While fishing was a major source of local food (see 10.4), in many areas large-scale commercial sea fishing became an important Highland industry on both east and west coasts, particularly to take advantage of the herring (Smylie 2011). Information about commercial fishing in the Highlands is scattered across a number of sources including Gray (1978), Munro (1978; 1986), Maudlin (2007) and Smylie (2011) with regional studies including Mowat (1981), Munro, J (1994), Alston (1999), Coull (1996; 2002) and Poole (2010). Newspapers, government reports, fishery officer correspondence and estate papers all provide detailed sources for this important industry.
Various initiatives were fostered by local landlords from at least the 17th century (Mowat 1981, 47ff; Alston 1999, 74ff; Case Study Sarclet Fishing Village), though commercial fishing was often dominated by merchants (Bangor-Jones 2000, 68). The British Fisheries Society, formed and backed by Highland landowners in 1786, helped to promote the industry, build harbours, piers and even towns to take advantage of the fishing prospects (Munro 1978; Maudlin 2007; Case Study Loch Hourn Survey).
Commercial scale fishing required ways to preserve fish. This was usually through the use of foreign salt (Harris 2000), but the Brora saltworks (Chapter 10.5.3) were also used. In some areas kilns, were also used for smoking, for example at Thurso (MHG1473) and Lybster (MHG36602). In recent years more attention has been focussed on some Highland fishing stations, as there are well-preserved remains of fishing towns at Pultneytown (Wick), Ullapool and Helmsdale and at fishing stations such as at Torridon, Isle Martin, Tanera in Wester Ross and Lochinver, northwest Sutherland.
For example, a project by NoSAS investigated the fishing station at Torridon. In 1785 the Torridon Fishery Company was set up by the local landowner Kenneth Mackenzie of Torridon. He erected a curing house modelled on North American structures, said to have been the first of its kind in Scotland (Knox 1787). The Company was beset by difficulties, but herring catches continued in Loch Torridon and are mentioned in the 1840s, with the buildings being in use until the end of the 19th century. A limited number of sites connected with the fishing industry were identified by the survey, including the footings of a stone built curing house (MHG49629), a possible salt pan (MHG28569), several cleared beaches, jetties and shoreline bothies (NoSAS nd). NoSAS also surveyed sites on Loch Hourn, uncovering a large number of sites related to fishing (Case Study Loch Hourn survey).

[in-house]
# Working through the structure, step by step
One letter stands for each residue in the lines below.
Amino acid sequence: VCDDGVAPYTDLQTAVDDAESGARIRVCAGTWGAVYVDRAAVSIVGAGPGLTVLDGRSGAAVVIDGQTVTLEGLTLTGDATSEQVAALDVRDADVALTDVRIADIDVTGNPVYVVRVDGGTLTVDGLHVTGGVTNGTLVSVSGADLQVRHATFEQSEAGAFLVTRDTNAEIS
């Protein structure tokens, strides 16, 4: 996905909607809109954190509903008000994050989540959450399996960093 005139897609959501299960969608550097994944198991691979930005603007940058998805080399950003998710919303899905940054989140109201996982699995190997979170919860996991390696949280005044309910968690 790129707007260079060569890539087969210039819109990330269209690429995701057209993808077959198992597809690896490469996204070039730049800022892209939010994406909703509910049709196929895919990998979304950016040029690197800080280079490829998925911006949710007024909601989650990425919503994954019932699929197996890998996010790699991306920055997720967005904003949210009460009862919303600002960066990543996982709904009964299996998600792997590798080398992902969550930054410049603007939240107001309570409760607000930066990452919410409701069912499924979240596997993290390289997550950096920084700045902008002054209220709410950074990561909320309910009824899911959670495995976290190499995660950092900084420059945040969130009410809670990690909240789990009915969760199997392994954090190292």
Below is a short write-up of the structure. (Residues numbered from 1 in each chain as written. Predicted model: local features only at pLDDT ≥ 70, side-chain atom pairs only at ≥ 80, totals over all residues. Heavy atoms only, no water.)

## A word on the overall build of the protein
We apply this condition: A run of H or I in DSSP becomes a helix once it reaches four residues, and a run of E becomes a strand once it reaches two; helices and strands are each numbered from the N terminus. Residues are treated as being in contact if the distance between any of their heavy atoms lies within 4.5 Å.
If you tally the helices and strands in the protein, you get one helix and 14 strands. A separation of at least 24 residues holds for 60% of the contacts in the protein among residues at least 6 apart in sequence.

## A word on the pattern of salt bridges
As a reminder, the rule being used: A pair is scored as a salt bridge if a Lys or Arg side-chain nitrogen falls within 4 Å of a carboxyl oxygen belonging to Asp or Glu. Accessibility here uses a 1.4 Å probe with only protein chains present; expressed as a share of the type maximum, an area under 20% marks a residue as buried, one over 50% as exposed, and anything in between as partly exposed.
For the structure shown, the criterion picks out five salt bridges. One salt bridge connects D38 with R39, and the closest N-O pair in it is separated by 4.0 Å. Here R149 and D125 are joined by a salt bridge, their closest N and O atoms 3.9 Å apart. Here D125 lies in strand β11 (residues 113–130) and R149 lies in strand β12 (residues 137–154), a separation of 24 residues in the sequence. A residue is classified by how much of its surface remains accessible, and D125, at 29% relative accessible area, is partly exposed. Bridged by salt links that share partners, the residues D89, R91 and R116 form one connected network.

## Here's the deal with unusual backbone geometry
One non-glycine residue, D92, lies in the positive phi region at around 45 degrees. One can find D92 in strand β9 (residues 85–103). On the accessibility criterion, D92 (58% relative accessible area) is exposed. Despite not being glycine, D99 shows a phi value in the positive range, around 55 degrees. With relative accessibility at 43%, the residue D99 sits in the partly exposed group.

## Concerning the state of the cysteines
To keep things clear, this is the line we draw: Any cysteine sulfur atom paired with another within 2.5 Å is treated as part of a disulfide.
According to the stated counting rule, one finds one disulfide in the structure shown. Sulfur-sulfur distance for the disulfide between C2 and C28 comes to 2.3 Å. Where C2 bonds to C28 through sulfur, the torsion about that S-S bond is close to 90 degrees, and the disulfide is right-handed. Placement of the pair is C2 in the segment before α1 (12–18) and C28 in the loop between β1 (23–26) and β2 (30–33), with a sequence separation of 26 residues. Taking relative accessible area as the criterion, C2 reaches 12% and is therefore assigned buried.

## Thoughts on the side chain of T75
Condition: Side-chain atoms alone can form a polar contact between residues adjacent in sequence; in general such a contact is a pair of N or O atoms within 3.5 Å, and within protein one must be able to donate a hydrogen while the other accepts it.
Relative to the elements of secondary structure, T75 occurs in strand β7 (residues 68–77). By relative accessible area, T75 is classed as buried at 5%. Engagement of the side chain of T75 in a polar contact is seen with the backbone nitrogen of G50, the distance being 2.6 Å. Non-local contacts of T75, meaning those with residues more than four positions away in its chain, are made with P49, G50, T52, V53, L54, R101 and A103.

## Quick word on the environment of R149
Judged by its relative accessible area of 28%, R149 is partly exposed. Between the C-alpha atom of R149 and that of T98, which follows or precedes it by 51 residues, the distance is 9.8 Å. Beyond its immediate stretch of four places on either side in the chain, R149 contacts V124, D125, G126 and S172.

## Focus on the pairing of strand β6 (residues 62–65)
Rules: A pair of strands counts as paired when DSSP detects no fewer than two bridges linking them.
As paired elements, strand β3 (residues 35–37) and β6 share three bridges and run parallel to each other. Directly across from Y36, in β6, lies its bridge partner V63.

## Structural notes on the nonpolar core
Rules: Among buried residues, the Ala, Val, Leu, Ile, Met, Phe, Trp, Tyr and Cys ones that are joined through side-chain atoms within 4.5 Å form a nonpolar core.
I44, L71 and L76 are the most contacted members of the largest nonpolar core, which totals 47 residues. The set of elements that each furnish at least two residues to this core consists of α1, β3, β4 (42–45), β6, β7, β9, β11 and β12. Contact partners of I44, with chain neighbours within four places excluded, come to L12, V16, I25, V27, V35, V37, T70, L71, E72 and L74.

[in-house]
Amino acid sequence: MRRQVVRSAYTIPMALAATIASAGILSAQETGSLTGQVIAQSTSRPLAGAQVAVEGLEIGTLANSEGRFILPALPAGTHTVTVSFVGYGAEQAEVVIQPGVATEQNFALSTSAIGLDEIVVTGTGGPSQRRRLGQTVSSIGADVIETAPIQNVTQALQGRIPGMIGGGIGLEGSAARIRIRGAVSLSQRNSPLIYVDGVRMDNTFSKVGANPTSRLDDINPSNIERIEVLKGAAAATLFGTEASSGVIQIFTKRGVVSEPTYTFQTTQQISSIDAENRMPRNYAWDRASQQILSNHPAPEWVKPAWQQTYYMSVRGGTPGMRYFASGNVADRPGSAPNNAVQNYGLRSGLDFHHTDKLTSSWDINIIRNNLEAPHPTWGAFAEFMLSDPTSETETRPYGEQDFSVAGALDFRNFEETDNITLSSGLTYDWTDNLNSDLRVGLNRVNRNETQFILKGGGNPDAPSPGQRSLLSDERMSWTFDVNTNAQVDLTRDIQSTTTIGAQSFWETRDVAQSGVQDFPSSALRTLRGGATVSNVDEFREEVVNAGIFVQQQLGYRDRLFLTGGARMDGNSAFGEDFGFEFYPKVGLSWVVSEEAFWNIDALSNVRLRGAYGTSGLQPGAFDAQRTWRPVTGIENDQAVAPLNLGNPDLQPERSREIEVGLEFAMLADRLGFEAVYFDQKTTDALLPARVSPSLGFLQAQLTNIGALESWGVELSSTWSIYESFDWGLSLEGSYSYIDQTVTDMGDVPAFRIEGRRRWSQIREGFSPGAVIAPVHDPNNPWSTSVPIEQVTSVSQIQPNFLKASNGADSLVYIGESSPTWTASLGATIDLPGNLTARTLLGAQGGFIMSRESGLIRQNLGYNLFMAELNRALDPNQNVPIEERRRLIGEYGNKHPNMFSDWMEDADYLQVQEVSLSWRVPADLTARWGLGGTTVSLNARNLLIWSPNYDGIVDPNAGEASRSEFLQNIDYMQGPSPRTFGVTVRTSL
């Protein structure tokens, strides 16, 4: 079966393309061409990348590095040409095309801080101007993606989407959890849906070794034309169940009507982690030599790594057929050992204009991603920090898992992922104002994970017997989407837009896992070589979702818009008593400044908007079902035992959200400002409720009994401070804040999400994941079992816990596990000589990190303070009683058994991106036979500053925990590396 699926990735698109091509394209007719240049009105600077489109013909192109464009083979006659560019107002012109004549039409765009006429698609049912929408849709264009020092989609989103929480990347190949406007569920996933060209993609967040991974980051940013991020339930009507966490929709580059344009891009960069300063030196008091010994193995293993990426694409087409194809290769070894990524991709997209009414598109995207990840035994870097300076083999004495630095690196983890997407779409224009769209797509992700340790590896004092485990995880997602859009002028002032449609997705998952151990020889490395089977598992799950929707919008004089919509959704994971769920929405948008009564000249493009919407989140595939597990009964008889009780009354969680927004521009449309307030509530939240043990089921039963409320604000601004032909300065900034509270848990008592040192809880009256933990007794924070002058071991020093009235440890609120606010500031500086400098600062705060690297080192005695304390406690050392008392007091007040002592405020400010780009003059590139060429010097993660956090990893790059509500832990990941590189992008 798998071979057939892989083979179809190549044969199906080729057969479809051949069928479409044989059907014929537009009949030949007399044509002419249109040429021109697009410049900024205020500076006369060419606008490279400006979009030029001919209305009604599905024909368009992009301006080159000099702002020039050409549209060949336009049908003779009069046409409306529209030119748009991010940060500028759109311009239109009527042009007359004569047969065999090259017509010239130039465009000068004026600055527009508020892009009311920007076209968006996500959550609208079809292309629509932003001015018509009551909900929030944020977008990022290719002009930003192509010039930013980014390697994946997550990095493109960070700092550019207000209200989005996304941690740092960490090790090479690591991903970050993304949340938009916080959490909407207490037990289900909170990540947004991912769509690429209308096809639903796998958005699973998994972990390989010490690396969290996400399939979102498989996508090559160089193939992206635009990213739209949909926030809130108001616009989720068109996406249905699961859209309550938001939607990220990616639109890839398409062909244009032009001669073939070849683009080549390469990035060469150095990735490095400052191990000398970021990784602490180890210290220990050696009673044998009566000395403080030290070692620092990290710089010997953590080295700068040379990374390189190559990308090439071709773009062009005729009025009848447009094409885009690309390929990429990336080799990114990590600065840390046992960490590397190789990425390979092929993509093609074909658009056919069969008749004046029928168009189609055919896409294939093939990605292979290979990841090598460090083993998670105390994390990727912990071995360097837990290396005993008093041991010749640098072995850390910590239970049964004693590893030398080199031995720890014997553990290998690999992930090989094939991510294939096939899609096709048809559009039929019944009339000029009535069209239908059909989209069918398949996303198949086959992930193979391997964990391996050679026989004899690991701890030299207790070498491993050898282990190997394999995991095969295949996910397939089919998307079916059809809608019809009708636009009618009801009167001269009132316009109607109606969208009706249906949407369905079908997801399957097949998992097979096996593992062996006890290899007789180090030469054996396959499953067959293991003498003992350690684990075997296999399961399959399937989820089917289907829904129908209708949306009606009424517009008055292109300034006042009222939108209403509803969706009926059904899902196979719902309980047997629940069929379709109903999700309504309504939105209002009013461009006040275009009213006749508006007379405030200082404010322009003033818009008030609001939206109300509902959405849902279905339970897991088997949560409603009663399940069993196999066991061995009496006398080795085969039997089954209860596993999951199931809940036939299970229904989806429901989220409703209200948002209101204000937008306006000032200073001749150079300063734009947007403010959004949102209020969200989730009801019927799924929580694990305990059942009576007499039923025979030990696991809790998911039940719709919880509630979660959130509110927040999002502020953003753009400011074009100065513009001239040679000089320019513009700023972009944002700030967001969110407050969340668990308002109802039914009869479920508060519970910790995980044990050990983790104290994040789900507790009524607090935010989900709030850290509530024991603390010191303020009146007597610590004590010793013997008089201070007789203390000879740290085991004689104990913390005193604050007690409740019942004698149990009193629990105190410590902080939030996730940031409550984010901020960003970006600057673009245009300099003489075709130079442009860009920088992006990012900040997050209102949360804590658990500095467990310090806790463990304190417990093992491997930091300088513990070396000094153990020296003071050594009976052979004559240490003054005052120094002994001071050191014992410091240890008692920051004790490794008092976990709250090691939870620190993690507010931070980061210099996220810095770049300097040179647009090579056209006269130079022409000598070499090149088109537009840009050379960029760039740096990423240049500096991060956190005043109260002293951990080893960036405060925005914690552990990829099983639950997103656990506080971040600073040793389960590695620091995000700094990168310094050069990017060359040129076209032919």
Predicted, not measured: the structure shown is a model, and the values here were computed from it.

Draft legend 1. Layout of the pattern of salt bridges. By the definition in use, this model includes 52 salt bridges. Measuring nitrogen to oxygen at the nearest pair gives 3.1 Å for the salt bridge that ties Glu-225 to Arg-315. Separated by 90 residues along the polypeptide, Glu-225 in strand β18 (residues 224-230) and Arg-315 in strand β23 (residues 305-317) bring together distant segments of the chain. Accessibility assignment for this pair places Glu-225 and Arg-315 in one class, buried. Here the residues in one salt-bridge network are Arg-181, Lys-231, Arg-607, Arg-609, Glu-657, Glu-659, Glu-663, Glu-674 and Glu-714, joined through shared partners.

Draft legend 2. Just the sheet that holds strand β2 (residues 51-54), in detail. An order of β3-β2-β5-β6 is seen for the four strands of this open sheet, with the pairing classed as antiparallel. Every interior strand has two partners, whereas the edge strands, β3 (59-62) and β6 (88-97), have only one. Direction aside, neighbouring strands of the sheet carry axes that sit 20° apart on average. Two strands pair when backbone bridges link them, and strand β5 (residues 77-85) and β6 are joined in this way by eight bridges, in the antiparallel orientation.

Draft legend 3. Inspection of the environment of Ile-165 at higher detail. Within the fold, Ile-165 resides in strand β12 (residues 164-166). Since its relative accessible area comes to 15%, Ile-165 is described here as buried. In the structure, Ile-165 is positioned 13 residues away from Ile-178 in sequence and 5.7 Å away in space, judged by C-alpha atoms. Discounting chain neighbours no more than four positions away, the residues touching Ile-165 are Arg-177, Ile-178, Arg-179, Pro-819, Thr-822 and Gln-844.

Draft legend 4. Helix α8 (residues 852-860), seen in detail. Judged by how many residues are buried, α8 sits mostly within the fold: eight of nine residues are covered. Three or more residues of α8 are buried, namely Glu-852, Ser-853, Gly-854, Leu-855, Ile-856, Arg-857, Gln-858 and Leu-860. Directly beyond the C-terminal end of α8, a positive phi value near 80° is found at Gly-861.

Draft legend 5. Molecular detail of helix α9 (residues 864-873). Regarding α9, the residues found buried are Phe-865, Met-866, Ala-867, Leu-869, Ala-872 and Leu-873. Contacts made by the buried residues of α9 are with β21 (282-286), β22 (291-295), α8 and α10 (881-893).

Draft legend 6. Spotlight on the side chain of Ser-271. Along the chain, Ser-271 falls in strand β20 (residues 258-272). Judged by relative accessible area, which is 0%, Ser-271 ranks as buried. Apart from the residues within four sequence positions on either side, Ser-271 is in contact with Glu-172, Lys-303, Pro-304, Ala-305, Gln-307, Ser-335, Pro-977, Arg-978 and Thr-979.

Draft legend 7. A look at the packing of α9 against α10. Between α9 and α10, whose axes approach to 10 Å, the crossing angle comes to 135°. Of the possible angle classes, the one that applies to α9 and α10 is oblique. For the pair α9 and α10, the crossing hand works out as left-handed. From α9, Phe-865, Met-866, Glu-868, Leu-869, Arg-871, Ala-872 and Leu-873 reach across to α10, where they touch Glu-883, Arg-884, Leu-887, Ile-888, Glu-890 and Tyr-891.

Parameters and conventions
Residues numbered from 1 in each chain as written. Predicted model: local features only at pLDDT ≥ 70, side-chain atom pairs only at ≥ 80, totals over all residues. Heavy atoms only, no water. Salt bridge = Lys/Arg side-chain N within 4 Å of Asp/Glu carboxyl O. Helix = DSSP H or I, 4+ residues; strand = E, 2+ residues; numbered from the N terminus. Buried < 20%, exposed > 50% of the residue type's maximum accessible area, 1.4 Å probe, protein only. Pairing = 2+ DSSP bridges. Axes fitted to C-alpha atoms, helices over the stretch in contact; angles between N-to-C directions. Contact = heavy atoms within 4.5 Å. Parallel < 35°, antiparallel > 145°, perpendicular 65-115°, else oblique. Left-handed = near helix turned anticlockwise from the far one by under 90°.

The fishing industry required barrels and baskets, the construction of which required access to wood, presumably managed woodlands, and specialised craftspeople. Interestingly, when Isabell Burton MacKenzie, organiser for Highland Home Industries, went to Skye in 1912, she visited a local industry making baskets for the herring industry. They could not source enough local willow, and were importing willow from Holland and Germany (Jones 2020, 77–8).
A community project involving historical research and excavation is investigating the fishing station on Isle Martin, Wester Ross that was established in the 1770s. When combined with research into nearby Tanera Mor, established in the 1780s, it will provide insights into the set up and running of these structures (Cathy Dagg pers comm). Research is now showing that herring caught in the Highlands, including in Wester Ross, were part of a large scale trade that exported ‘white’ salt-cured herring and ‘red’ smoked herring to overseas markets, including West Indian slave plantations (Alston 1999, 225).